Thanks to anonymous for raising a much bigger issue about what Graham Kendrick represents. There is truth - and not just the truth of an unpleasant experience - is this observation:
'It may not be his fault, but he is a symptom of a church that doesn't care about anyone but itself and its members - and making its members feel "great". He is a proponent of weak minded, arms in the air, let's feel the love nonsense.'
My objection to Letts' comment was that he seems to think stoicism and Christianity are synonymous. But your comment puts a finger on a real and much more important issue.
I had one of those encounters in church in Sunday that I never like having before or after a service in which I was told that we must always sing because worship is the heart of what we do as church. I have not believed this for 20 years or more. I'm not sure I ever believed it but I certainly didn't after I read an essay by Howard Marshall on the language of worship in the New Testament. I have summarised his argument in chapter 2 of Building a Better Body.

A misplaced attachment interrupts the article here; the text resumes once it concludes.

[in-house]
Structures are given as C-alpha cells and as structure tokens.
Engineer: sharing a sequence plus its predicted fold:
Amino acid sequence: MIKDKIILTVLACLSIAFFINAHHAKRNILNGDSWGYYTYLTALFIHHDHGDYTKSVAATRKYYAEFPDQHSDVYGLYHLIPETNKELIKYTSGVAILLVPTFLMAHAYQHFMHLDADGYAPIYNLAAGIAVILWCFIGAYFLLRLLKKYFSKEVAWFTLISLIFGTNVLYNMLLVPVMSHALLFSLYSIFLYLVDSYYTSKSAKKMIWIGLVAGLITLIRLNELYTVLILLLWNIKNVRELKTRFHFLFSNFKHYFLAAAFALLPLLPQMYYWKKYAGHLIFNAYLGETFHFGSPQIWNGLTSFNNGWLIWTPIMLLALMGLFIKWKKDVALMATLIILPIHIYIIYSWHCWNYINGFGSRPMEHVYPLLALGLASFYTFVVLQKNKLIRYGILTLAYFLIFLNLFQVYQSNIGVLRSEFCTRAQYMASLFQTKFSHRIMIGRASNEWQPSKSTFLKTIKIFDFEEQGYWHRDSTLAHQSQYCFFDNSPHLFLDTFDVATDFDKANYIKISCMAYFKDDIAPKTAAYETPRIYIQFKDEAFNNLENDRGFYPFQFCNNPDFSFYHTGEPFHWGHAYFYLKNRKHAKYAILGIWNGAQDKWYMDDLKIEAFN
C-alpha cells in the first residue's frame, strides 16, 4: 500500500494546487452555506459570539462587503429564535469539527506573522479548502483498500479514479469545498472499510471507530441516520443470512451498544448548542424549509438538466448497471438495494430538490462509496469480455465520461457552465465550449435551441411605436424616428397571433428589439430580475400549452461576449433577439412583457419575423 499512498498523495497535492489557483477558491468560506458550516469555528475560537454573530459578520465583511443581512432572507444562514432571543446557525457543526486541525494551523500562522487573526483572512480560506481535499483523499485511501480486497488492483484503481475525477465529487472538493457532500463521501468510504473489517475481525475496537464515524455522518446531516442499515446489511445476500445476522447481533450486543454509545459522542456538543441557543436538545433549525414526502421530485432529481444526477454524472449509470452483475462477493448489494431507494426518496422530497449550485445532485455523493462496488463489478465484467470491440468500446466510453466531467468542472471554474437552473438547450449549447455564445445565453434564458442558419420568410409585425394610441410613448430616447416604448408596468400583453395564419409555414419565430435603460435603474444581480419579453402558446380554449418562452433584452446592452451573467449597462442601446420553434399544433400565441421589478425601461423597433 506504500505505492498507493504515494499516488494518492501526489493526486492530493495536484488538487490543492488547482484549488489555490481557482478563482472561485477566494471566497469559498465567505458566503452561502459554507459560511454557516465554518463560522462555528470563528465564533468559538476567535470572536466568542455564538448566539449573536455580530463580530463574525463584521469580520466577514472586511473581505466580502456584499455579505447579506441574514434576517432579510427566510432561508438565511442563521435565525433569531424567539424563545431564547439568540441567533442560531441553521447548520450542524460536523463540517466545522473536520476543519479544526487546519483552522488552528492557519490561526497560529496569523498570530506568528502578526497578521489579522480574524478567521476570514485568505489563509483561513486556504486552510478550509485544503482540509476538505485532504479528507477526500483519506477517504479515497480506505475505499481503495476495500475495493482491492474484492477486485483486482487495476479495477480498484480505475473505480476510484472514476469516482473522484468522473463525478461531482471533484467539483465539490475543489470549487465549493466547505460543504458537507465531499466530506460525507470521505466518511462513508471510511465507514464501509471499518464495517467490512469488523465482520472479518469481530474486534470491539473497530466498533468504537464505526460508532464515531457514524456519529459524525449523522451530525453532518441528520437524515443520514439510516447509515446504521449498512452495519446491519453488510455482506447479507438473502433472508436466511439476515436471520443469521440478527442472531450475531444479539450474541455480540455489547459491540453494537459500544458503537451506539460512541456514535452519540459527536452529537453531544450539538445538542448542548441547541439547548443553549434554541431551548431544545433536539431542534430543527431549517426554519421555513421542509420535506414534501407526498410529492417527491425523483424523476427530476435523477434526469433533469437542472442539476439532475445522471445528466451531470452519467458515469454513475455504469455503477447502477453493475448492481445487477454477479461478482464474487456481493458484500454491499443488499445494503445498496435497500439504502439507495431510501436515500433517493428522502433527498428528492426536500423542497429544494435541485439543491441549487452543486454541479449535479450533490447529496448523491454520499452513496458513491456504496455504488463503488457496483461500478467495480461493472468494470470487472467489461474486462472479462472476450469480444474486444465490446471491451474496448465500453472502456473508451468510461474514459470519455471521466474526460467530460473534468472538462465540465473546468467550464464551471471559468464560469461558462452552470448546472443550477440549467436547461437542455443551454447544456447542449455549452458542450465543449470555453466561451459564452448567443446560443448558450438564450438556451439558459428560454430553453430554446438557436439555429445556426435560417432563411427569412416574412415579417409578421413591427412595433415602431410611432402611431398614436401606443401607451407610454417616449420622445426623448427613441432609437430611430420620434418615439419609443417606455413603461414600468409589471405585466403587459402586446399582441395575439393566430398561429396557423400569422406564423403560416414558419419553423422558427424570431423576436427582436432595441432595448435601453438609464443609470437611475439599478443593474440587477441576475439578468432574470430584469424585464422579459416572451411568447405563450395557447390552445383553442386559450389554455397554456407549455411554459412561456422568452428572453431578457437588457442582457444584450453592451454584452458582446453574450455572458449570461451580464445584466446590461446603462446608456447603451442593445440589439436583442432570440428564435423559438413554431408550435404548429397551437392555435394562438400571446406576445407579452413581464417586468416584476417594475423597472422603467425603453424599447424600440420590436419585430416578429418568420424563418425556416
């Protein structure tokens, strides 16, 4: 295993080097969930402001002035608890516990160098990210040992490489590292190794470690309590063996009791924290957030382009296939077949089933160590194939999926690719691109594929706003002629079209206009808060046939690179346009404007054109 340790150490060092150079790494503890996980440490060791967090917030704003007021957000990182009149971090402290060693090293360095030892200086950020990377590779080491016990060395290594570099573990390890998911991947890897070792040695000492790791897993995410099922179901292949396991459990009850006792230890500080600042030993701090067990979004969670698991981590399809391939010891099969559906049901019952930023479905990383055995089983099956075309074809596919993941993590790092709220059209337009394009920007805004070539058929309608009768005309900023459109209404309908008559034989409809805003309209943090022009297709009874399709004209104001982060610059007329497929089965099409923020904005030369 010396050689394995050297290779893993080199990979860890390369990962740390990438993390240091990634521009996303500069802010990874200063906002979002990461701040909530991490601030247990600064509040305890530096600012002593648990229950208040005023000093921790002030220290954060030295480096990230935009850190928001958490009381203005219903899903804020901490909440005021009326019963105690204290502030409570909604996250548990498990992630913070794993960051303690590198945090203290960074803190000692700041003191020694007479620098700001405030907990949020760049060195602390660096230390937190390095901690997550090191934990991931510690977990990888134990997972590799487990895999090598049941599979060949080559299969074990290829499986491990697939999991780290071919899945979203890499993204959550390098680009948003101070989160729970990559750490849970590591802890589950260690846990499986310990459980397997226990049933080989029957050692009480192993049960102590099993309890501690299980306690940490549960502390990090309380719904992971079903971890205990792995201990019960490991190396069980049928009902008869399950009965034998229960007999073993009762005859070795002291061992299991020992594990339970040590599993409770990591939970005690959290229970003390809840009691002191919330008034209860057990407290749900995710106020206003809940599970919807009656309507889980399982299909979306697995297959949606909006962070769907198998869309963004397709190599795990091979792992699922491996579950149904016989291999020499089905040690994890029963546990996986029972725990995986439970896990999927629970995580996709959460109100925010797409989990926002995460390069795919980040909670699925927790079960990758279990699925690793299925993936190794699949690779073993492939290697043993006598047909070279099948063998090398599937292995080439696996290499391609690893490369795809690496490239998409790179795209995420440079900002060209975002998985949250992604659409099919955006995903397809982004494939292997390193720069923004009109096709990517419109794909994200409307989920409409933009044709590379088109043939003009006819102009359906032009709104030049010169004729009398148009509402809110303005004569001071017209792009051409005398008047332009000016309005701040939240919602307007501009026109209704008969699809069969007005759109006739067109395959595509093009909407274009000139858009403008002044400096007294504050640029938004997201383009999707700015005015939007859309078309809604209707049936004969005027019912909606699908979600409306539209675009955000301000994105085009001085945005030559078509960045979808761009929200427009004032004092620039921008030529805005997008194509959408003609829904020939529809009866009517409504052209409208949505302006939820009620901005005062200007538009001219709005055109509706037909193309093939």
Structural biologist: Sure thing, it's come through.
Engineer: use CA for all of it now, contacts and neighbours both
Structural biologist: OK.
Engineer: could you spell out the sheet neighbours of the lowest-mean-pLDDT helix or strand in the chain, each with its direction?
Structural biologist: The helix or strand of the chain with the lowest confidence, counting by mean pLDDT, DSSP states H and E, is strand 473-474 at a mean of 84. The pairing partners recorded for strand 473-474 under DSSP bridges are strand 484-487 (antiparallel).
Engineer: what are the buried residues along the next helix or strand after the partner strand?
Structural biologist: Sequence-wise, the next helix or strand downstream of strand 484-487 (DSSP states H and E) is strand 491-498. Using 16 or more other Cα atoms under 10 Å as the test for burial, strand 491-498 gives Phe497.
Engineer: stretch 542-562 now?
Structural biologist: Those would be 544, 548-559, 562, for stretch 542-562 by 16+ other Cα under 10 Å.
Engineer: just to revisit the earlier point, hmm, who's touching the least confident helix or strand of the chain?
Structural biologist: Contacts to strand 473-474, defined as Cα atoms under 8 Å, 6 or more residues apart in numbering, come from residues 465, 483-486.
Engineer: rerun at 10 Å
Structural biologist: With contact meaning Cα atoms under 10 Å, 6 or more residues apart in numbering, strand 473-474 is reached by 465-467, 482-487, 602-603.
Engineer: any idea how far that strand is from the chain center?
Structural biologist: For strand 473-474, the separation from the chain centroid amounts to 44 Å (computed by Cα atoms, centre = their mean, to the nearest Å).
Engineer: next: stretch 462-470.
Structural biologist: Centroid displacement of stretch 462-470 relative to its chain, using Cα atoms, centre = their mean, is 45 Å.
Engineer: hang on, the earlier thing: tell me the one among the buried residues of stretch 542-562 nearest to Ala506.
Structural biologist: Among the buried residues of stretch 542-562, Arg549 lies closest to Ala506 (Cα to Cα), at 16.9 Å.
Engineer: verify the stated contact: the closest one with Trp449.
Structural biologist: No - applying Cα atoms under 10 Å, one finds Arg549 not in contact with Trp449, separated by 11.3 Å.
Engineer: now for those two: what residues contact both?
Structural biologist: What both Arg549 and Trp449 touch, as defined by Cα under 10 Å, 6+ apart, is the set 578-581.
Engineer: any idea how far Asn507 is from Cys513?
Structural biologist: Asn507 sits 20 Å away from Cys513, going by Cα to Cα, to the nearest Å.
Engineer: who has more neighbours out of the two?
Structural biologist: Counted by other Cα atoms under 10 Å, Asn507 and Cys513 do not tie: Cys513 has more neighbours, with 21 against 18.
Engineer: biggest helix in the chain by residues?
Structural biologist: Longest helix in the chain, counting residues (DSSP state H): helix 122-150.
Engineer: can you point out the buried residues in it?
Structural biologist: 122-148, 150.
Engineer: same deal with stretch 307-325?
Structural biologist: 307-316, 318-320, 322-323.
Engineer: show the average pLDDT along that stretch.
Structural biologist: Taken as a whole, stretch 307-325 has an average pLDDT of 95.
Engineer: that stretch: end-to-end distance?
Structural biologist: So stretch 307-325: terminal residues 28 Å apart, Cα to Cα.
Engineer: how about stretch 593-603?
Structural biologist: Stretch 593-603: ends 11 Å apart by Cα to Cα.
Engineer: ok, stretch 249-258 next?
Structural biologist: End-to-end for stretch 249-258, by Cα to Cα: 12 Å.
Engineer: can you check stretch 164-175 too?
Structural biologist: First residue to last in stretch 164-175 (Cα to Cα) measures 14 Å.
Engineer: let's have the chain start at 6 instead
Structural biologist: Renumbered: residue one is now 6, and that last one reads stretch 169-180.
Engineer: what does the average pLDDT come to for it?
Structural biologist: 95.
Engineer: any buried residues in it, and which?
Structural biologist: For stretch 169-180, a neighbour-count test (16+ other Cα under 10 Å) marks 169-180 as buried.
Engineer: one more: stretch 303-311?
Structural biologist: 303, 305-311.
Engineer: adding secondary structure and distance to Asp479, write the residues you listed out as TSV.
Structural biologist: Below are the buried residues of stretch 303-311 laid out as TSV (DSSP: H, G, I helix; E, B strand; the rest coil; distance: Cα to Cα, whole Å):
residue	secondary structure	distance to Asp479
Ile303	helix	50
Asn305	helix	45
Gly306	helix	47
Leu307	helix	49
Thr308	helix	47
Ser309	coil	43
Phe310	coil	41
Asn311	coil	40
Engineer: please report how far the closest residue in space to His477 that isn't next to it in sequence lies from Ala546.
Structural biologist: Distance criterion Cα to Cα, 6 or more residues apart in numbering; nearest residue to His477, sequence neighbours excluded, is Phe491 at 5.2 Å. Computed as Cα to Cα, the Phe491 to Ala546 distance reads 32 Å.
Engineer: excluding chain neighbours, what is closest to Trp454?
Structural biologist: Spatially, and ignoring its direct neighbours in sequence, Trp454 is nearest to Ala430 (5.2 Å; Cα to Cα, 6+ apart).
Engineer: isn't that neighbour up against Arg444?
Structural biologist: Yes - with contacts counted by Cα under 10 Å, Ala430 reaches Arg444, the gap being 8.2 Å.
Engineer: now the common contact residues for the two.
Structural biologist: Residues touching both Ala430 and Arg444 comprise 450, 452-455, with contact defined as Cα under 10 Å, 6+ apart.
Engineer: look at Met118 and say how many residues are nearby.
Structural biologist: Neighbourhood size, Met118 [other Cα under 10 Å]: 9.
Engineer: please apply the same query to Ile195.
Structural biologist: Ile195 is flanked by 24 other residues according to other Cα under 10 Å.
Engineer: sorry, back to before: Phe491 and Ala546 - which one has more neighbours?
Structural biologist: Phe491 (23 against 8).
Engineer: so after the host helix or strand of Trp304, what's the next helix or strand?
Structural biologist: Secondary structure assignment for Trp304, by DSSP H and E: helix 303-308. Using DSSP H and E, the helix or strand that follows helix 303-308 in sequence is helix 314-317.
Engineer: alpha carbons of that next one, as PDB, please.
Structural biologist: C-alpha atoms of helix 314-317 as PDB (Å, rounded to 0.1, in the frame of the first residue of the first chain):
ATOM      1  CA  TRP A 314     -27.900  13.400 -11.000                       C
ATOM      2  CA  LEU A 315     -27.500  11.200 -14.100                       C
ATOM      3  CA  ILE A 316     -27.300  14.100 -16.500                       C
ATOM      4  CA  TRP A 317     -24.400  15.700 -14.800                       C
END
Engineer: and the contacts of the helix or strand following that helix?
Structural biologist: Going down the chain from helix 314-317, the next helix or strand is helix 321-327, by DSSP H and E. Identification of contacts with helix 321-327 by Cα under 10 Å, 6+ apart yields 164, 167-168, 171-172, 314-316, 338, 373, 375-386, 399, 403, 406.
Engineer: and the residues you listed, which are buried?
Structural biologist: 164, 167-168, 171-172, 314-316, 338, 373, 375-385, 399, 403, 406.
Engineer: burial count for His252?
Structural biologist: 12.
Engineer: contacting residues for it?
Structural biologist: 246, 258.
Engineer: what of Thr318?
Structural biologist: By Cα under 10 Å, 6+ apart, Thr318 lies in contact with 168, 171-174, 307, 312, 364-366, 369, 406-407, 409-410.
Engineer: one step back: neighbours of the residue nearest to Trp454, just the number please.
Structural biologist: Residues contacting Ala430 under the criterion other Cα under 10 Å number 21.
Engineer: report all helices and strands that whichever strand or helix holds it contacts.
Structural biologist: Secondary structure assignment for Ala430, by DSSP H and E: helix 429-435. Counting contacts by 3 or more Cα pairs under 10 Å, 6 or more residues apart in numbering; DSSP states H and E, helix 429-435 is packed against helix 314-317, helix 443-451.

I agree with anonymous that so much of what passes for 'worship' in our churches is self-serving nonsense that is designed only to make us feel good. It results in us leaving church feeling self-satisfied and smug. It does nothing for those struggling to make sense of their lives or God who have strayed into our gatherings; indeed it might only confirm that the church has nothing to say to them because it's only interested in itself.
I still think Letts is wrong, however, about 'worship' needing to remain in the language of the Authorised Bible and modern church music being one reason for rot setting in in Britain. I'd put the Daily Mail at number one in that league table and suggest that Kendrick, for all his faults, has on occasions sought to lift the church's eyes beyond itself to the needs of the world.
The issue of what we sing - and say - in church is a huge one. Perhaps it's something that needs airing at greater length in a number of blogs.
Thanks again for stopping by